No one bullies Top Rank’s hot prospect Xander Zayas anymore
Xander Zayas doesn’t remember his name. He just recalls looking up, and up, and up, because the kid was about four inches taller than him and around 25 pounds heavier. Zayas was kind of small for his age growing up, so the bully that taunted him every day looked gigantic. And sometimes when words weren’t tormenting enough, a push or a punch would come tiny Xander’s way.
Almost every day, Zayas came home wearing a new bruise on his body or tear streaks down his face.
Yaitza Castro, Xander’s mother, had enough. Her son was not going to walk around afraid on the streets on San Juan, Puerto Rico, without being able to fight back.
“That’s where it all started,” Xander recalled. “The kid used to beat me up every day, and I went to the gym and learned a few things, I hit back. I was five. I saw then that I could defend myself and I wasn’t scared anymore.”
That small interlude launched what could be the start of boxing’s next superstar.
Xander Zayas certainly has all of the prerequisites: He’s a sharp-looking 17-year-old, 5-foot-10 welterweight who will be making his pro debut this Saturday in Reno, Nevada, against Genesis Wynn (1-0) in a four-round welterweight contest on the undercard of the Shakur Stevenson-Joet Gonzalez main event for the vacant WBO featherweight title from the Reno-Sparks Convention Center.
Zayas made Top Rank history being the youngest fighter ever signed by Hall of Fame promoter Bob Arum.
Zayas, who turned 17 September 5, says he remembers the time he was bullied.
“That’s actually one of my goals to know anyone that gets bullied, you’re able to come out of it stronger and that you’re able to come out of it,” said Zayas, who’s currently being home schooled though is a senior at Plantation High School, in Plantation, Florida, which is part of the Broward County. “Funny thing is the kid that used to bully me never bothered me again.”
Zayas, who’s fluent in Spanish and English, knows Wynn is a former mixed-martial artist, but he doesn’t possess the skills or quickness “The Defender” has.
“I’ve put the work in and I’m ready,” Xander said. “I’m okay with everything right now. I’m calm, I feel good and in shape. I’ll be a little nervous come fight night. I always am. On Saturday, I’m going to do my job and get the win.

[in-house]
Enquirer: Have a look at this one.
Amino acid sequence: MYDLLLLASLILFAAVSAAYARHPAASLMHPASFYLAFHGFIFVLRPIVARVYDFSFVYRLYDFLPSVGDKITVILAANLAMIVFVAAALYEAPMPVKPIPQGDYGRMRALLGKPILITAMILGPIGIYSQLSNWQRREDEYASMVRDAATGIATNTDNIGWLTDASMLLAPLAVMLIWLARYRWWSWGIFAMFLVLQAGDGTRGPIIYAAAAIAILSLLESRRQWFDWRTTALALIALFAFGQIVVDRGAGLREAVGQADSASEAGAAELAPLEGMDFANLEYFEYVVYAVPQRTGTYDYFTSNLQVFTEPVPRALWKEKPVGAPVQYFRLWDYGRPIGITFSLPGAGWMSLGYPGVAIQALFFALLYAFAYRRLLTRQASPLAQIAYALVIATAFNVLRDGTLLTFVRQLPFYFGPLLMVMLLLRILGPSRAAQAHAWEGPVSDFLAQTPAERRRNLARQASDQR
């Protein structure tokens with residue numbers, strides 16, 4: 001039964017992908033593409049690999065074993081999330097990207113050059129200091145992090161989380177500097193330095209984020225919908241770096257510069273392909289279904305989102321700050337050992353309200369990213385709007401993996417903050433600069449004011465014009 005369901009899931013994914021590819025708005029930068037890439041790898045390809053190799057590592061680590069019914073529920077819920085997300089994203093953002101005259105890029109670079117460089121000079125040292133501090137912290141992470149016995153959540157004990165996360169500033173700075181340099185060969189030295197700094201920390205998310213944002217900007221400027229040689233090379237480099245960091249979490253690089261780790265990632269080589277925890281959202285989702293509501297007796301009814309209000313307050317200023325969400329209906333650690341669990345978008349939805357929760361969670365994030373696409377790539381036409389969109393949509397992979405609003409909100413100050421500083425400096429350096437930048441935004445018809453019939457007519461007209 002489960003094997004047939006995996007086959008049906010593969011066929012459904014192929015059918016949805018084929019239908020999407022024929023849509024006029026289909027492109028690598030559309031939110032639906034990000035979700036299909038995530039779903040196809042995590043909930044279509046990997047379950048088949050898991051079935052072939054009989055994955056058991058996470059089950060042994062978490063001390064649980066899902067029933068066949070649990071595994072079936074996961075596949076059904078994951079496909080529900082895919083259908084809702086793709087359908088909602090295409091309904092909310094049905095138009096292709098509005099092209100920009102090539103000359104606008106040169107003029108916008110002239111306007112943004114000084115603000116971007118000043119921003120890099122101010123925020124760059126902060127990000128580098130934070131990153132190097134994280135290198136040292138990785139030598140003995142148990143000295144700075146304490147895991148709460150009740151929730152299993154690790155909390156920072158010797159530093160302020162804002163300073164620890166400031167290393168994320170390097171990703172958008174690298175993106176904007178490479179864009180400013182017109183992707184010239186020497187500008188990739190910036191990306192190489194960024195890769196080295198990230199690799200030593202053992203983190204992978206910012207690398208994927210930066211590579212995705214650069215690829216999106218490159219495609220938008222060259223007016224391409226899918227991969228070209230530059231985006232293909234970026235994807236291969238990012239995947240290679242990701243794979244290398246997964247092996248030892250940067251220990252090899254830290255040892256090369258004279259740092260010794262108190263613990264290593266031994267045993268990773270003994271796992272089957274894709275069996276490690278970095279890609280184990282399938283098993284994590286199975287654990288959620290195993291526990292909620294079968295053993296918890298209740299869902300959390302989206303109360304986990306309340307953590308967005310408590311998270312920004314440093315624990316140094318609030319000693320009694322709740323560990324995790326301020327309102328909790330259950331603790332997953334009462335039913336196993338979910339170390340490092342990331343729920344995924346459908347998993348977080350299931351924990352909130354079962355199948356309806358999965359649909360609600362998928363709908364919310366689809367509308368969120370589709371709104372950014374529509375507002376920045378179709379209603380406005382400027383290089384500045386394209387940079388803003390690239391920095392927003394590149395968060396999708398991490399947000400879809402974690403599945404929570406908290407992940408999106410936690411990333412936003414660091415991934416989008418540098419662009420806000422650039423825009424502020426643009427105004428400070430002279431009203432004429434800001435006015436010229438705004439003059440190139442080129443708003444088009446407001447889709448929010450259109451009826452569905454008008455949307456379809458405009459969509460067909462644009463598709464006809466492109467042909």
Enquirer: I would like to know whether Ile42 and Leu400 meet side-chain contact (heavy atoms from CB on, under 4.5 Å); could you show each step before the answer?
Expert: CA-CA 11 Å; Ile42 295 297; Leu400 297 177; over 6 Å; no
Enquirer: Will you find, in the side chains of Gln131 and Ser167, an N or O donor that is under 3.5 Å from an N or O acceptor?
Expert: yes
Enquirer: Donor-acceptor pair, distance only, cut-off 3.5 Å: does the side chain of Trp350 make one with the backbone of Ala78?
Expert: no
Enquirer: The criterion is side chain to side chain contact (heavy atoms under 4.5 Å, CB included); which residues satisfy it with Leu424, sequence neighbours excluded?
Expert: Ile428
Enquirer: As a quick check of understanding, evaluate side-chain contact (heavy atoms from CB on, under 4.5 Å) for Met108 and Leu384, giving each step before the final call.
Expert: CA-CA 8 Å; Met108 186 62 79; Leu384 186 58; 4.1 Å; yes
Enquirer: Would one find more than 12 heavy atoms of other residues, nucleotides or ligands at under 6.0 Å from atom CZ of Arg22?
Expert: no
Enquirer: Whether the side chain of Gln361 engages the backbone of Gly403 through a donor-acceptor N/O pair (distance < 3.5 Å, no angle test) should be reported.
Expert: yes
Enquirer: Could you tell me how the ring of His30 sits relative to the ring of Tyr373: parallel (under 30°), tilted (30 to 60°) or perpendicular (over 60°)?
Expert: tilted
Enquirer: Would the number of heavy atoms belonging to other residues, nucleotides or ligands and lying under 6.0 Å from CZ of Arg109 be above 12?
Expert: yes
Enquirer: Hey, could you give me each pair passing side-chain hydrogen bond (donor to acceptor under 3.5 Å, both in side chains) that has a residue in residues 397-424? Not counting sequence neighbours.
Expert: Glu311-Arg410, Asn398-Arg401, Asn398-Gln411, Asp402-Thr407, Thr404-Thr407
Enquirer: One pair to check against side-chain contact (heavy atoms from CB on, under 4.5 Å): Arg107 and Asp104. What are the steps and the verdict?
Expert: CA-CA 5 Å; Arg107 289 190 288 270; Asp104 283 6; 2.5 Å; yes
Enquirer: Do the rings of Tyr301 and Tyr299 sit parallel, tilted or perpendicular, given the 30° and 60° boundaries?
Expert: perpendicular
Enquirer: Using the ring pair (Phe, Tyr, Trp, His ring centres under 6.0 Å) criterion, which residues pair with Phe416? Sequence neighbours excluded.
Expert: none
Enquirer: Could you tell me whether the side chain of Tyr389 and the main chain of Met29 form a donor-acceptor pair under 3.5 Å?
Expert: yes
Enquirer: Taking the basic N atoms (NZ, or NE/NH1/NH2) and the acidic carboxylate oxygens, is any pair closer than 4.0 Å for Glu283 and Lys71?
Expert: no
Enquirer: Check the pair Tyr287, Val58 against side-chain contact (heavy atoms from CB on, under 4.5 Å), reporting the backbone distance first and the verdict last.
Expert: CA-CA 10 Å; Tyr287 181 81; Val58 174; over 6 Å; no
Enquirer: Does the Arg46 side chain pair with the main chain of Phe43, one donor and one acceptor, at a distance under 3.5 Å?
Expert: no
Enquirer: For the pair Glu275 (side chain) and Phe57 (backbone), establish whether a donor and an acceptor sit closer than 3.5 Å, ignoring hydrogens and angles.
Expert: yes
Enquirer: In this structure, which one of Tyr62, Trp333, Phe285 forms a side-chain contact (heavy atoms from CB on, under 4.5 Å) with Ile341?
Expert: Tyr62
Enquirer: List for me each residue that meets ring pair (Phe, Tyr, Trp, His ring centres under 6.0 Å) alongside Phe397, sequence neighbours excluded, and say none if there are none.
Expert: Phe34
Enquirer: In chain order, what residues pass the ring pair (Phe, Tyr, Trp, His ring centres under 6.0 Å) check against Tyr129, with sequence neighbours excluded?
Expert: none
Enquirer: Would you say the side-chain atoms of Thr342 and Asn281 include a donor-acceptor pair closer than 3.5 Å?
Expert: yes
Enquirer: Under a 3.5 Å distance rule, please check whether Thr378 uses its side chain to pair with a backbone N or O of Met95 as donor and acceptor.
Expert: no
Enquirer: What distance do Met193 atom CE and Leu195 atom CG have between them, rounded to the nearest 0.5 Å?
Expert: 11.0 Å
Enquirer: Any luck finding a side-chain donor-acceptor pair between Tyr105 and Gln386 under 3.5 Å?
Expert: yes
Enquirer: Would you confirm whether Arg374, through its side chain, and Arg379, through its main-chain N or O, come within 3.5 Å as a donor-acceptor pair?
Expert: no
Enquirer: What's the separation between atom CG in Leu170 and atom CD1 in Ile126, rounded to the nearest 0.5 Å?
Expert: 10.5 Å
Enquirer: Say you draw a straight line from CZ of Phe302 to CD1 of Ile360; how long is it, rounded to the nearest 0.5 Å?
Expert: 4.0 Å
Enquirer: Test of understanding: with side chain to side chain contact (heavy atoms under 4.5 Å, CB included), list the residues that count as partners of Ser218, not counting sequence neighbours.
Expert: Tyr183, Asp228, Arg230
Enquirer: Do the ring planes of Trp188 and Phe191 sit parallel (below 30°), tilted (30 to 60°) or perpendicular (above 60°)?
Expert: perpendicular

“I’m not going to change anything before the fight. I’ll prayer and just breath. Right now, I feel anxious more than nervous. I do know I will have nerves and after the bell rings, I’ll be okay and I’ll be able to go out and have fun.”
Peter Kahn, Zayas’ manager, began noticing him when he was around 13, rising through the amateurs.
“I worked for Don King for a decade and just being around Felix Trinidad, Xander physically reminds me of Tito, in my opinion,” Kahn said. “Miguel Cotto is Xander’s idol, but his style of fighting is more like Trinidad. He had those early Puerto Rican influences.
“He had been involved in boxing since he was five in Puerto Rico. Xander is a brilliant young man. He came to the United States when he was 12, and he didn’t understand one word of English. He’s really mastered it, and that speaks of how intelligent he is. He’s going back to (Plantation) in January and finish with his diploma.”
Because of his age, Zayas is only allowed to fight in Texas and Nevada—right now. The doors, however, to other states permitting him to fight should follow.
In the time being, Kahn and Top Rank are going to be patient and move him along slowly. Team Zayas is also going to watch how he grows. His mother, Yaitza, is 6-feet tall. His father is 5-11 and grandfather is 6-4.
“If we can get four fights in the Xander’s first 12 months, that would be a success,” Kahn said. “The key is keeping him active. We’re not fast-tracking him to a world title. He may very well have 30 fights by the time he’s ready for that, which I’ll leave in the very capable hands of Bruce Trampler, Brad Goodman and Carl Moretti.”
When Arum signed him in December 2018, he looked up from his desk, saw Xander’s mother and proclaimed in his signature, gravelly voice, “By the time, you’re done you’re going to be a heavyweight!”
Zayas could be—though not in weight as much as stature.
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